Some key items of interest:
By 1966 the Military Post Office Center (formerly the Directorate of Military Post Office) controlled 29 post annexes which served more than 1,500 KBC units and addresses. In 1973 there were 40 annexes servicing more than 3,000 KBC units.
The most frequent shortcoming in the military postal service was the time the mail took to reach the responsible person or beneficiary. An extensive investigation .... revealed that the delay did not take place between one KBC and another as many servicemen had thought, but primarily between the sending unit and the original KBC or annex, and between the destination KBC or annex and the receiving unit. The delay was also caused by the unit's internal distribution system.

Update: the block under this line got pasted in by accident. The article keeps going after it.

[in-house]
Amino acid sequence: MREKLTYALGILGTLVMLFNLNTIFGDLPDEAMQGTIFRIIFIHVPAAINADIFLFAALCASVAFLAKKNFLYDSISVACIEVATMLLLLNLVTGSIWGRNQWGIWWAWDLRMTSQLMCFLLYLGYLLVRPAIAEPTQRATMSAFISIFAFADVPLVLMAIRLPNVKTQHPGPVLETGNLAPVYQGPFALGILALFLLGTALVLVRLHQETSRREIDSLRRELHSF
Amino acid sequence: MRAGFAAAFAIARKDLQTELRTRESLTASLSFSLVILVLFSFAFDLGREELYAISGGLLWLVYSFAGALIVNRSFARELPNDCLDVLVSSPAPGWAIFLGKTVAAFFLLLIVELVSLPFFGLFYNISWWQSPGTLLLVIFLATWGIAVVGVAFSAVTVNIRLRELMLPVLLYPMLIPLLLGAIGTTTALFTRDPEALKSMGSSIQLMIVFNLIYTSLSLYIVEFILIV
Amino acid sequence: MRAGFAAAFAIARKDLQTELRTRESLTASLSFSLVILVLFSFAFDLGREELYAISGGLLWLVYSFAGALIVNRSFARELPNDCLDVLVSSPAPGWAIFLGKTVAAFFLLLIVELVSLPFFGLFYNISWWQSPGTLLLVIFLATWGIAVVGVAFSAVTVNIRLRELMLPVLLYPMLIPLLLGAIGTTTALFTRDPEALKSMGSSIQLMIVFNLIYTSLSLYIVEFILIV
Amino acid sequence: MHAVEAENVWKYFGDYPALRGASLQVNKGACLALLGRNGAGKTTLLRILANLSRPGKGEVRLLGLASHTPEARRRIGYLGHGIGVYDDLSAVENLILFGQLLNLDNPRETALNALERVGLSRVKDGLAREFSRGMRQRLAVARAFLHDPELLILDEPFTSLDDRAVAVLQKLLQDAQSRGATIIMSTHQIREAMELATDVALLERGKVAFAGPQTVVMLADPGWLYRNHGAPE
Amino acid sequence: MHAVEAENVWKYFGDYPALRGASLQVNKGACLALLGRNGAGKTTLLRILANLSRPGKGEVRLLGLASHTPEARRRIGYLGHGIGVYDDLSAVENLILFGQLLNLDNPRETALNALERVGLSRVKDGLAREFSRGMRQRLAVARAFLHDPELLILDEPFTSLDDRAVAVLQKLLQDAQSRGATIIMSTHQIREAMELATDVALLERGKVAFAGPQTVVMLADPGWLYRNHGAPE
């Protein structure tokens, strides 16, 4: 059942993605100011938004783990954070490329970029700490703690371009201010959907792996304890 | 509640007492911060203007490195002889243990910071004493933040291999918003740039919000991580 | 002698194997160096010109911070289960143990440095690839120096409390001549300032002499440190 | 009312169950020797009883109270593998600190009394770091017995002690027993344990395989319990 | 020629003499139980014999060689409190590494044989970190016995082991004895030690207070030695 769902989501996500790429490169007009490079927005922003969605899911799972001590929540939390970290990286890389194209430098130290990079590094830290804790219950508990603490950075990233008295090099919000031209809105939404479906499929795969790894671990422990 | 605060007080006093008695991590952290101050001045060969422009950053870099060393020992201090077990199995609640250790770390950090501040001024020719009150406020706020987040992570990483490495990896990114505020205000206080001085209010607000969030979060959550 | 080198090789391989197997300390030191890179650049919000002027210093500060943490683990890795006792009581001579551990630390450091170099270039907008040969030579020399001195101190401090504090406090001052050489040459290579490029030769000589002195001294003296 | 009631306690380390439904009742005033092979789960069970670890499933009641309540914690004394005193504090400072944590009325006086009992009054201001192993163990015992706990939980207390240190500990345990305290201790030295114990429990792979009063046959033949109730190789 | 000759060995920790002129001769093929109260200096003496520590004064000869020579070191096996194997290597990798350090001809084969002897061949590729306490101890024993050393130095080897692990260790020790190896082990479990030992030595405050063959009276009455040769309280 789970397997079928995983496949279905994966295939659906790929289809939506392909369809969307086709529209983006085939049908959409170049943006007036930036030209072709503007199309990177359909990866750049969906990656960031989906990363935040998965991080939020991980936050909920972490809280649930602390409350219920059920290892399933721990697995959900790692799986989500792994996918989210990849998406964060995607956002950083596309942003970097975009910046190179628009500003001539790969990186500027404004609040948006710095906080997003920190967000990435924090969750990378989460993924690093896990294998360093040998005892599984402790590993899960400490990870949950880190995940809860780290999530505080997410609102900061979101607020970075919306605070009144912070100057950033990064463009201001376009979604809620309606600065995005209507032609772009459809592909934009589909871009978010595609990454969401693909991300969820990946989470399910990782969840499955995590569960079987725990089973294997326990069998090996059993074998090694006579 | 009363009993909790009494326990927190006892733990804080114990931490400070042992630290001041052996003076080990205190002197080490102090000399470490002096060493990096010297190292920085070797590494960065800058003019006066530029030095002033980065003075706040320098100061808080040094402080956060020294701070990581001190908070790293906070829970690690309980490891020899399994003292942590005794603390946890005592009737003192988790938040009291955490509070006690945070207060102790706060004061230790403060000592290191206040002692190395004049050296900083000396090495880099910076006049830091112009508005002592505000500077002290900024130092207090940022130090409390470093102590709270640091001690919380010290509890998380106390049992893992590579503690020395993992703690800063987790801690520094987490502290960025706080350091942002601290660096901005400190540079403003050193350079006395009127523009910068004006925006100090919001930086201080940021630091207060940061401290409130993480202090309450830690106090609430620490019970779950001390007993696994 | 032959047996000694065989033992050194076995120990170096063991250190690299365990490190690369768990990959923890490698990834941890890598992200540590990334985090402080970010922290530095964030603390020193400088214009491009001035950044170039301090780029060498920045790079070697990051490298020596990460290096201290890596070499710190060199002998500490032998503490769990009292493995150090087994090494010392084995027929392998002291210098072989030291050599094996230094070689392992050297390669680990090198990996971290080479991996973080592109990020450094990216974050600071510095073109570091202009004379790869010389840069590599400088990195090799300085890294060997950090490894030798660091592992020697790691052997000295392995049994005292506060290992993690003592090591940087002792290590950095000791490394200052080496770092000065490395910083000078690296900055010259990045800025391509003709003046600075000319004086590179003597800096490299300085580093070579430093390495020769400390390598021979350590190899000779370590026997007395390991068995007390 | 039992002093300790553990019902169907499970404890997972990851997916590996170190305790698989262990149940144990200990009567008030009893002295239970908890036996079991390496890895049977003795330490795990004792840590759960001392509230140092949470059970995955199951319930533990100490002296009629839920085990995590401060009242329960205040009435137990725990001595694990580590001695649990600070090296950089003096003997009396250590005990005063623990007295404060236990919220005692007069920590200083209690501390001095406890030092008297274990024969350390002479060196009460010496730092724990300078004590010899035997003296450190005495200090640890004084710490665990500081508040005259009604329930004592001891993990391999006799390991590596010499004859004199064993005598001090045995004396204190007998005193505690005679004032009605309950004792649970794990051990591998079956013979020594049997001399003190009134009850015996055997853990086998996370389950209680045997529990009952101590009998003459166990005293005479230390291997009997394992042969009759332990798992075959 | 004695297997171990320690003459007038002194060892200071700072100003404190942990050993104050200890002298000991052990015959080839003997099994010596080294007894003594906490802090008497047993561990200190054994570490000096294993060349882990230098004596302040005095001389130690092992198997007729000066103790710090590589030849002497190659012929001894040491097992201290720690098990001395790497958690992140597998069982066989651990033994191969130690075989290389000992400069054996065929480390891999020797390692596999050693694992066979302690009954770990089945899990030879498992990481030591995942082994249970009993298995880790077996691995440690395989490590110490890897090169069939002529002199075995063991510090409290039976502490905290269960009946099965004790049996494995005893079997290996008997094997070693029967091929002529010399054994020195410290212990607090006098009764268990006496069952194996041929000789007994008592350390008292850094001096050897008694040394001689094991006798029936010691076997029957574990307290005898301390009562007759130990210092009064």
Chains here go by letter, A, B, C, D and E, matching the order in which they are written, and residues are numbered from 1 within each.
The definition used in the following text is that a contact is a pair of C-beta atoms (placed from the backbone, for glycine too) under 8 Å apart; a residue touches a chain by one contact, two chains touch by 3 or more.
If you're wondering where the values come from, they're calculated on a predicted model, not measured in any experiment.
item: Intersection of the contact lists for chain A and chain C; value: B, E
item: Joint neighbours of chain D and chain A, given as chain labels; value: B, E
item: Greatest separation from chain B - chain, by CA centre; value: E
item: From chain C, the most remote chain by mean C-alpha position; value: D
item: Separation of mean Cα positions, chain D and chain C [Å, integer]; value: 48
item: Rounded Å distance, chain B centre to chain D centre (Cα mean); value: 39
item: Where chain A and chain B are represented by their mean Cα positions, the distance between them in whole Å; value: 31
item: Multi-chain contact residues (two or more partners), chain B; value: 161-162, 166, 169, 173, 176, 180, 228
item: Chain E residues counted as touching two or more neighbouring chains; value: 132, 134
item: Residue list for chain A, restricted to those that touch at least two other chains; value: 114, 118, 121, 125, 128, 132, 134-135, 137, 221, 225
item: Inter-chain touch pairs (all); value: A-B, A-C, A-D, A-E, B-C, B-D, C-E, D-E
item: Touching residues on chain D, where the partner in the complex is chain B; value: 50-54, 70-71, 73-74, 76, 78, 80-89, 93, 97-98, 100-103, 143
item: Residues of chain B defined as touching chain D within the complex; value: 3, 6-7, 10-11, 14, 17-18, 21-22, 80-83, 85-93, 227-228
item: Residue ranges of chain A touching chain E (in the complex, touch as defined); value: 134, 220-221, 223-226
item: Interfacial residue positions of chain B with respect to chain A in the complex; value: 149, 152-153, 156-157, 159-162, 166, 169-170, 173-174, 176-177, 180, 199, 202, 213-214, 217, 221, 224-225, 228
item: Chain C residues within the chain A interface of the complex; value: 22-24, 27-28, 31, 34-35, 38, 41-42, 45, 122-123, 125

There was also a lack of coordination between the unit and the area logistics command to have the KBC changed in case of [a] long-term operation outside the military region.
As for mail security, several measures were taken to prevent loss or interception. Mailmen, with proper security clearances, were chosen from good and reliable personnel. Each mailman was issued a register to record the receiving and delivery of mail, which was daily inspected by the chief of the mail and message section. Each mailman was also issued a leather case with lock for carrying mail in transit.
The book was reprinted by and is available from Dalley Book Service in Virginia. They have also reprinted a number of other military titles, including Bernard Fall's The Viet Minh Regime and Documents Relating to British Involvement in the Indo-china Conflict 1945-1965 originally published by Her Majesty's Stationery Office. Tell George I sent you!